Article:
Future of Learning Top Reads for week of Dec 17 2018

“Teaching Children Regardless of Grade,” by Alia Dharssi, in the New York Times

“After working to improve education for three decades, Ms. Anumula and Mr. Rao are committed to continuing the trial and error process. They’re driven by a singular goal. ‘Let children really enjoy childhood,’ Mr. Rao said.”

Why does this matter to the future of learning?

H/T to John Gulla, Executive Director of the EE Ford Foundation, for sharing this on Twitter.

We hold many assumptions about what school is supposed to look like. In places where necessity is the mother of invention, innovative models can bring us back to a fundamental question:

What is school for?

If the answer doesn’t include children enjoying their childhood, something is wrong.

Is learning joyful at your school?


A second H/T to John Gulla for tweeting out this article, too:

“Will Half Of All Colleges Really Close In The Next Decade?” by Michael Horn, in Forbes

According to a 2016 report by Parthenon-EY titled ‘Strength in numbers,’ 77% of colleges and universities—or 738 institutions—with fewer than 1,000 students exhibited at least three risk factors, such as a high discount rate, being dependent on tuition for more than 85 percent of revenue, or having an endowment that covers less than a third of expenses, that placed its survival in question.”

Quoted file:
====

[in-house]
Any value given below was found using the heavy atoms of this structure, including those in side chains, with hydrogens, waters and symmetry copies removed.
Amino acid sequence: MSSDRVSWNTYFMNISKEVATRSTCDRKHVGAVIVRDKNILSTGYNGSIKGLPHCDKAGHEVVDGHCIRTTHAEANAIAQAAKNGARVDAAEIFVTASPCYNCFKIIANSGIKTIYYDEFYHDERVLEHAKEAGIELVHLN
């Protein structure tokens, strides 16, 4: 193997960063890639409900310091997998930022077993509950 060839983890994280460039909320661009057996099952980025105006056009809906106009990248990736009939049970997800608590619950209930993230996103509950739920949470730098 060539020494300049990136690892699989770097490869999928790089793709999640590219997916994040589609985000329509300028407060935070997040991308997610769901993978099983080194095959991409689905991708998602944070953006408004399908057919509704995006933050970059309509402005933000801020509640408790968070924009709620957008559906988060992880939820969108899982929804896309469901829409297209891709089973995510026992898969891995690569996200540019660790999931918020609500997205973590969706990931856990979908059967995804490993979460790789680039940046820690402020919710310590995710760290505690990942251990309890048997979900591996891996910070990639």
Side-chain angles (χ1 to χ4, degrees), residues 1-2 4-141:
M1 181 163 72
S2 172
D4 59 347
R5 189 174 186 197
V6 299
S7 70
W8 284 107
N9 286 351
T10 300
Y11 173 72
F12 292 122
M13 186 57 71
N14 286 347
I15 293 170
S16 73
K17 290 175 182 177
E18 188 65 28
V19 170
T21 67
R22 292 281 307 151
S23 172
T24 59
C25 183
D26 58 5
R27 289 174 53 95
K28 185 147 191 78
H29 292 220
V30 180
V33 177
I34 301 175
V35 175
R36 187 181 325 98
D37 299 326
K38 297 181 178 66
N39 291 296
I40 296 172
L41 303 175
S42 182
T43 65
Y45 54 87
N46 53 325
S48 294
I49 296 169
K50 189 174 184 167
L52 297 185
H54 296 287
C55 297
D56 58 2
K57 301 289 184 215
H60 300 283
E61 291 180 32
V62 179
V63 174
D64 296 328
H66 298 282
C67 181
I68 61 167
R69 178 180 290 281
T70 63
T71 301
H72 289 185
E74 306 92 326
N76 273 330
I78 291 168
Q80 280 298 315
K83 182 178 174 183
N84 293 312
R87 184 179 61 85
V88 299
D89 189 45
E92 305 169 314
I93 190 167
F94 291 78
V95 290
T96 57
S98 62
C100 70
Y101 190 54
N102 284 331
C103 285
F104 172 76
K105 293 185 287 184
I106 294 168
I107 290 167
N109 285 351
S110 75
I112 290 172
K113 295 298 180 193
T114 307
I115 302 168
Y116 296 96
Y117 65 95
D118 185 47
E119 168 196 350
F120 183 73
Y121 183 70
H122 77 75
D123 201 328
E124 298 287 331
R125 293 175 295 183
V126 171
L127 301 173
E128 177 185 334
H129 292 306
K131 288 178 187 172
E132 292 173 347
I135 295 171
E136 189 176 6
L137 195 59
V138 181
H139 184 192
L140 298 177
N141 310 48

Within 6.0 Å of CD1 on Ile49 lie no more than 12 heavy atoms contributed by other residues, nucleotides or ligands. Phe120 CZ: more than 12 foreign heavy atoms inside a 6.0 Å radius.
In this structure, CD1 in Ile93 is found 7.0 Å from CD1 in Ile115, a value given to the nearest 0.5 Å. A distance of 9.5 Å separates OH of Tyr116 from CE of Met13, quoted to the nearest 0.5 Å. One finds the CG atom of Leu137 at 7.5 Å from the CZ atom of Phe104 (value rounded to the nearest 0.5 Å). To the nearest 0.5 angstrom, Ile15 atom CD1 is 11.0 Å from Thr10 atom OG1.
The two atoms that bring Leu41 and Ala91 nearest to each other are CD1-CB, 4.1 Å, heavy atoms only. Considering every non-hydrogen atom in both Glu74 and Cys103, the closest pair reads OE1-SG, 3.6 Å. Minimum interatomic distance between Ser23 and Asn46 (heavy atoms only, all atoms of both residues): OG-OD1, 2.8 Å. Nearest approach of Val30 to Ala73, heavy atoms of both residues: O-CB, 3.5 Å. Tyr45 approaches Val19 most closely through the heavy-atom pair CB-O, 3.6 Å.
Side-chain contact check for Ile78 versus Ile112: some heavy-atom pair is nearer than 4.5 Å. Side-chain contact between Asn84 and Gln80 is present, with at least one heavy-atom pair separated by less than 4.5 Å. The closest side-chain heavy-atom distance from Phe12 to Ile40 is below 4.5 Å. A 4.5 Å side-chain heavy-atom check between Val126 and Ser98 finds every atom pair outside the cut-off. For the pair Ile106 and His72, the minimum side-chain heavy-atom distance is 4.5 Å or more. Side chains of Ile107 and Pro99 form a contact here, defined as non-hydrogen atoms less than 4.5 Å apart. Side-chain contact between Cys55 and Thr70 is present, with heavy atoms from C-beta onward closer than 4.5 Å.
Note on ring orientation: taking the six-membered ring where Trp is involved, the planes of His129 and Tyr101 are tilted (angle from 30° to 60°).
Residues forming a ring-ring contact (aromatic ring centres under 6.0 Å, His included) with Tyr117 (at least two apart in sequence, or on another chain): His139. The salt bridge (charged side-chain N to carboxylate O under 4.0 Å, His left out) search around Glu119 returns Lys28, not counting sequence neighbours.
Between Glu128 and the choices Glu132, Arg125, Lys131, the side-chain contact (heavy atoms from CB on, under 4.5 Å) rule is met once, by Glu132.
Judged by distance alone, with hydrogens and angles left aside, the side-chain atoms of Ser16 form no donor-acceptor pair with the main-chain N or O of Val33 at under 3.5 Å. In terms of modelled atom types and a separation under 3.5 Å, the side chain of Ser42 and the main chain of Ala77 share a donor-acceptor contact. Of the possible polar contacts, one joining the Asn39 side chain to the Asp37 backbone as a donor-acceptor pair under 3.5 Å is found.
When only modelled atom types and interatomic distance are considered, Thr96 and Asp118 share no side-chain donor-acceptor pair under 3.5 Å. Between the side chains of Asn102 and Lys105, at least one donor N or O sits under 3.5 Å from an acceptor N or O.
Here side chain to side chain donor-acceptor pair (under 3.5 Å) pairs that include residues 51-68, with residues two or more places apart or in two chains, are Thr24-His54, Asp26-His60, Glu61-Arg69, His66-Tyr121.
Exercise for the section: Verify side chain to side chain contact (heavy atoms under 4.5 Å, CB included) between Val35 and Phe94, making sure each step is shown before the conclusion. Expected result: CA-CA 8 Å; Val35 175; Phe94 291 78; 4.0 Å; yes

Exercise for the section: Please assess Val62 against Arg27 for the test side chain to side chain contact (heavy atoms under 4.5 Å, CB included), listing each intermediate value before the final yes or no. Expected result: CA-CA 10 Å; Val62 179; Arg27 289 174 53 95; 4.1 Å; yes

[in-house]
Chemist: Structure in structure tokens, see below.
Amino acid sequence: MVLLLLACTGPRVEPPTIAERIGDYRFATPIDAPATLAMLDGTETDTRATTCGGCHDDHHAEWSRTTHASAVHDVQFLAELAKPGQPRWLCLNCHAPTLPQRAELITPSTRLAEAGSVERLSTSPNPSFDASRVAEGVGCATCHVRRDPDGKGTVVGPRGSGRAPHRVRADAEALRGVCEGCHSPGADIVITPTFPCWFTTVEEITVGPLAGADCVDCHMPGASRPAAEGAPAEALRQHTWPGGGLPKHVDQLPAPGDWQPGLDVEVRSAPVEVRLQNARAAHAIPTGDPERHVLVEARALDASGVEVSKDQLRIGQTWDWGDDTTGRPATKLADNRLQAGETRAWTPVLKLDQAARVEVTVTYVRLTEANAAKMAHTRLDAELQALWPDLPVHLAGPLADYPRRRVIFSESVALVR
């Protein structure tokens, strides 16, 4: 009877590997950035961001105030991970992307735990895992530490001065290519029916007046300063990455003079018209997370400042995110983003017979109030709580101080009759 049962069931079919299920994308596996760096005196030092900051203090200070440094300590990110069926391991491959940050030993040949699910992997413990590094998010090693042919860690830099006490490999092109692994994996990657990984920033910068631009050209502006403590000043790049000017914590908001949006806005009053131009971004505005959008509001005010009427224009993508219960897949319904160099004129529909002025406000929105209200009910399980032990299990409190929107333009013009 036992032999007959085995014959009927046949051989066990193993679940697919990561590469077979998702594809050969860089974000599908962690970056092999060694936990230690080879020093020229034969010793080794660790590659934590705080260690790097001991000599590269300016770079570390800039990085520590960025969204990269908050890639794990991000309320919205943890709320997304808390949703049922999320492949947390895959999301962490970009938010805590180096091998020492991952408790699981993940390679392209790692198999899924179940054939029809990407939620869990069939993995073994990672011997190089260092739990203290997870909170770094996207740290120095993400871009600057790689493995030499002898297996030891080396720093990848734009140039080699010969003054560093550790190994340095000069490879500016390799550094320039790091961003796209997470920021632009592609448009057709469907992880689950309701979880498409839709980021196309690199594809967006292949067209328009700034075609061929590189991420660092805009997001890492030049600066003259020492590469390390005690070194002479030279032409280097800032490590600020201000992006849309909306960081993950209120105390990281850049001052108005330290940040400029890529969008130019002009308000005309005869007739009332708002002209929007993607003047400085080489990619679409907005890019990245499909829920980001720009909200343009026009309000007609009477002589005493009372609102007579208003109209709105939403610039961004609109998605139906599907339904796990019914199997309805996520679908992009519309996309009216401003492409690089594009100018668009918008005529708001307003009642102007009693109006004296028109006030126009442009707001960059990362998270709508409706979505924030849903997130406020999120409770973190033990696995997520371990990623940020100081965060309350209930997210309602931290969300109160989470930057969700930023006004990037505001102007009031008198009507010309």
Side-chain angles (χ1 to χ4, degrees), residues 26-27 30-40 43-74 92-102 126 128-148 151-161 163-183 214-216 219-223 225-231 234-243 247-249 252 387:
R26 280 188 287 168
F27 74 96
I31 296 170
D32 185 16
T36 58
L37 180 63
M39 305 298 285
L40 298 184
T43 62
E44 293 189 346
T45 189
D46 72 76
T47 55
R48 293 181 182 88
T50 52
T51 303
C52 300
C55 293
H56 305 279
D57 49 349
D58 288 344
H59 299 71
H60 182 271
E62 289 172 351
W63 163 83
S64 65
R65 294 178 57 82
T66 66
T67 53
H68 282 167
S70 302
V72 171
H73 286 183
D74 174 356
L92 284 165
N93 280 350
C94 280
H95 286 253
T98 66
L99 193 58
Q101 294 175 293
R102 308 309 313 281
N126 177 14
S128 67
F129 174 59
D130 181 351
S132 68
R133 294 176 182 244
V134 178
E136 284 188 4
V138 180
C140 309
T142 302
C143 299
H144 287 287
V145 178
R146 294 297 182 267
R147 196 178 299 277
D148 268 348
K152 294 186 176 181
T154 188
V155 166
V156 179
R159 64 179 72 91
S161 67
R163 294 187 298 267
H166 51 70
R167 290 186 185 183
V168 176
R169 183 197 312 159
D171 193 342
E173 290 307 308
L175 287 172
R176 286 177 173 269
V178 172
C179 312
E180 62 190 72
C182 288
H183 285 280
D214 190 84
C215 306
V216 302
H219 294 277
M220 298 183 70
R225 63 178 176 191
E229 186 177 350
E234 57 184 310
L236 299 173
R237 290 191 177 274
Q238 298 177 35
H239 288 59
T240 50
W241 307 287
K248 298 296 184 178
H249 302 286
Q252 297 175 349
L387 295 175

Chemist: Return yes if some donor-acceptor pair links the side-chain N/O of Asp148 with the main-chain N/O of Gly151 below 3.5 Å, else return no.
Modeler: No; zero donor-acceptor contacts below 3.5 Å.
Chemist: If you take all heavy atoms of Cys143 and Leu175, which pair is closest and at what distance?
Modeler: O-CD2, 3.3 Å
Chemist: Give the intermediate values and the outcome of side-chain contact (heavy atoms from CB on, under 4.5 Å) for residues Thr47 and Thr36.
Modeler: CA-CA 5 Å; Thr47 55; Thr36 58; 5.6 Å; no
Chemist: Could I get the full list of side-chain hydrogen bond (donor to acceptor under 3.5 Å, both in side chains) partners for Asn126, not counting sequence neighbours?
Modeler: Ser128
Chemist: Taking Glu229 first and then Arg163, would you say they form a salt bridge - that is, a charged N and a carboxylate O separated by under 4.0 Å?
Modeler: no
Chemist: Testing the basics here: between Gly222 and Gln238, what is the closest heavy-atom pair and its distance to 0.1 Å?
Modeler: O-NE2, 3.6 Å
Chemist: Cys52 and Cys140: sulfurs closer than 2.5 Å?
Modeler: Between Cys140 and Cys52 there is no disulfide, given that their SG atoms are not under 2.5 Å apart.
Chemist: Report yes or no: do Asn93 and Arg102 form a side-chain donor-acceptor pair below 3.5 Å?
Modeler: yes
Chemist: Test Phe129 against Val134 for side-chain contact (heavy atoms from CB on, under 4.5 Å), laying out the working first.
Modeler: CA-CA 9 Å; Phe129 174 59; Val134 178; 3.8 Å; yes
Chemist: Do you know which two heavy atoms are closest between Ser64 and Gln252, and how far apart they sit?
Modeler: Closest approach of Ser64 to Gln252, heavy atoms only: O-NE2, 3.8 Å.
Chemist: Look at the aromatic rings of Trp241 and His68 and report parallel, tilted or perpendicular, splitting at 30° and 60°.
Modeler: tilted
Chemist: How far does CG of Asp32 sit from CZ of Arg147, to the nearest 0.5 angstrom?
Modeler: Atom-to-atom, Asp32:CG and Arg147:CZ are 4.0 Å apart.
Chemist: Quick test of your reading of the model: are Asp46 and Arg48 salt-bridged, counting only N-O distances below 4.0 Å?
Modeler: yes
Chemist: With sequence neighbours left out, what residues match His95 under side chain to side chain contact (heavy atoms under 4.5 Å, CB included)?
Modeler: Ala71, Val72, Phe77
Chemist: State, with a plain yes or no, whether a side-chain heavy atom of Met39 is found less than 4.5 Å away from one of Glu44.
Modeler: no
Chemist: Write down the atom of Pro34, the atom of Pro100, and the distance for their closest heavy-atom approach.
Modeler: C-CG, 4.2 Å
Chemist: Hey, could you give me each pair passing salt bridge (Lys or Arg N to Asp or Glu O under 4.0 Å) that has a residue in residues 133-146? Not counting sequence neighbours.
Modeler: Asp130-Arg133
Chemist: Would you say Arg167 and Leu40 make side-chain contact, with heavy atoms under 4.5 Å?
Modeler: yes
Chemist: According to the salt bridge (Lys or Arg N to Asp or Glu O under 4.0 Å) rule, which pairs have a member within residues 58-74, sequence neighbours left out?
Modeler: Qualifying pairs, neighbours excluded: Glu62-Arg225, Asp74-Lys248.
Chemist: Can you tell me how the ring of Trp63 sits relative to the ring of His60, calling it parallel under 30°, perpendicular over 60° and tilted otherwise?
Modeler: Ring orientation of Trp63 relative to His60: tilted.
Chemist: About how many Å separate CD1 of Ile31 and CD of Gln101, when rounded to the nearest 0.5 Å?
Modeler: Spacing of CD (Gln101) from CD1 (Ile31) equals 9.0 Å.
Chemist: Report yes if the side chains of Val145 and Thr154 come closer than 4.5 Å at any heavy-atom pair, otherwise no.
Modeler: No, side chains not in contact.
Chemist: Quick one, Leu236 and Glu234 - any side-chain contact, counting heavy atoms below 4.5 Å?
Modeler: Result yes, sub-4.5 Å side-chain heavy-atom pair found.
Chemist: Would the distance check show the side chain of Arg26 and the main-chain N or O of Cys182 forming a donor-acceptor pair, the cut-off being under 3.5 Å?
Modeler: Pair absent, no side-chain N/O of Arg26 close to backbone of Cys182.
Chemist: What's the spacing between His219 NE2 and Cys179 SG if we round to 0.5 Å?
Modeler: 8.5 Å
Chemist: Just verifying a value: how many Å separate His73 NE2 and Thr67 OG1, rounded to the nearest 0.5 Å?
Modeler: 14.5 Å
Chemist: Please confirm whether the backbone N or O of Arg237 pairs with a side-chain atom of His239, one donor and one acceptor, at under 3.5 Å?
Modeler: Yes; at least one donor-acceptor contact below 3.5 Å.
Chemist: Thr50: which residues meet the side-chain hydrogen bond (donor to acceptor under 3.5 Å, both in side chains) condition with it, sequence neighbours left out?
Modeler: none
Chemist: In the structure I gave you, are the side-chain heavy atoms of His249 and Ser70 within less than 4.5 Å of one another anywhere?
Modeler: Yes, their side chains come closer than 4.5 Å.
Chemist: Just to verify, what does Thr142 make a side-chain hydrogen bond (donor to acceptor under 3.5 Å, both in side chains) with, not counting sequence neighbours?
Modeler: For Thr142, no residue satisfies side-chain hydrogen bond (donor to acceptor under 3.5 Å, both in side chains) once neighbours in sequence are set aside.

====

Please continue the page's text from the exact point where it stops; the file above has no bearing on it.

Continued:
Why does this matter to the future of learning?

In his tweet, John Gulla noted that these risk factors are similar for independent schools, whose tuitions rival and sometimes exceed those of colleges and universities. Even more problematically, independent schools tend to rely on tuition for 80-90% of revenue.

Of note: the author of the article, Michael Horn, a trustee for the National Association of Independent Schools, replied to John’s tweet saying that he agrees: “very similar dynamics at play.”


”What Should a Competency-Based School Culture Look Like?” by Eric Hudson, on the Global Online Academy blog

“As Mike Crowley of the International School of Brussels argues in this excellent post on school culture, ‘We are responsible for the cultures that we create.’ At the center of competency-based learning is the belief that learning should be a meaningful, joyful experience for all students. How might our school cultures instill and nurture that belief in our communities?”

Why does this matter to the future of learning?

Shifting from grades to competency-based learning is not merely a matter of technical change.

More importantly, school leaders must facilitate cultural change to support their vision for extraordinary learning.


Question of the week:



Thank you for reading this post from Basecamp's blog, Ed:Future. Do you know someone who would find the Ed:Future blog worthwhile reading? Please let them know that they can subscribe here.

Christian Talbot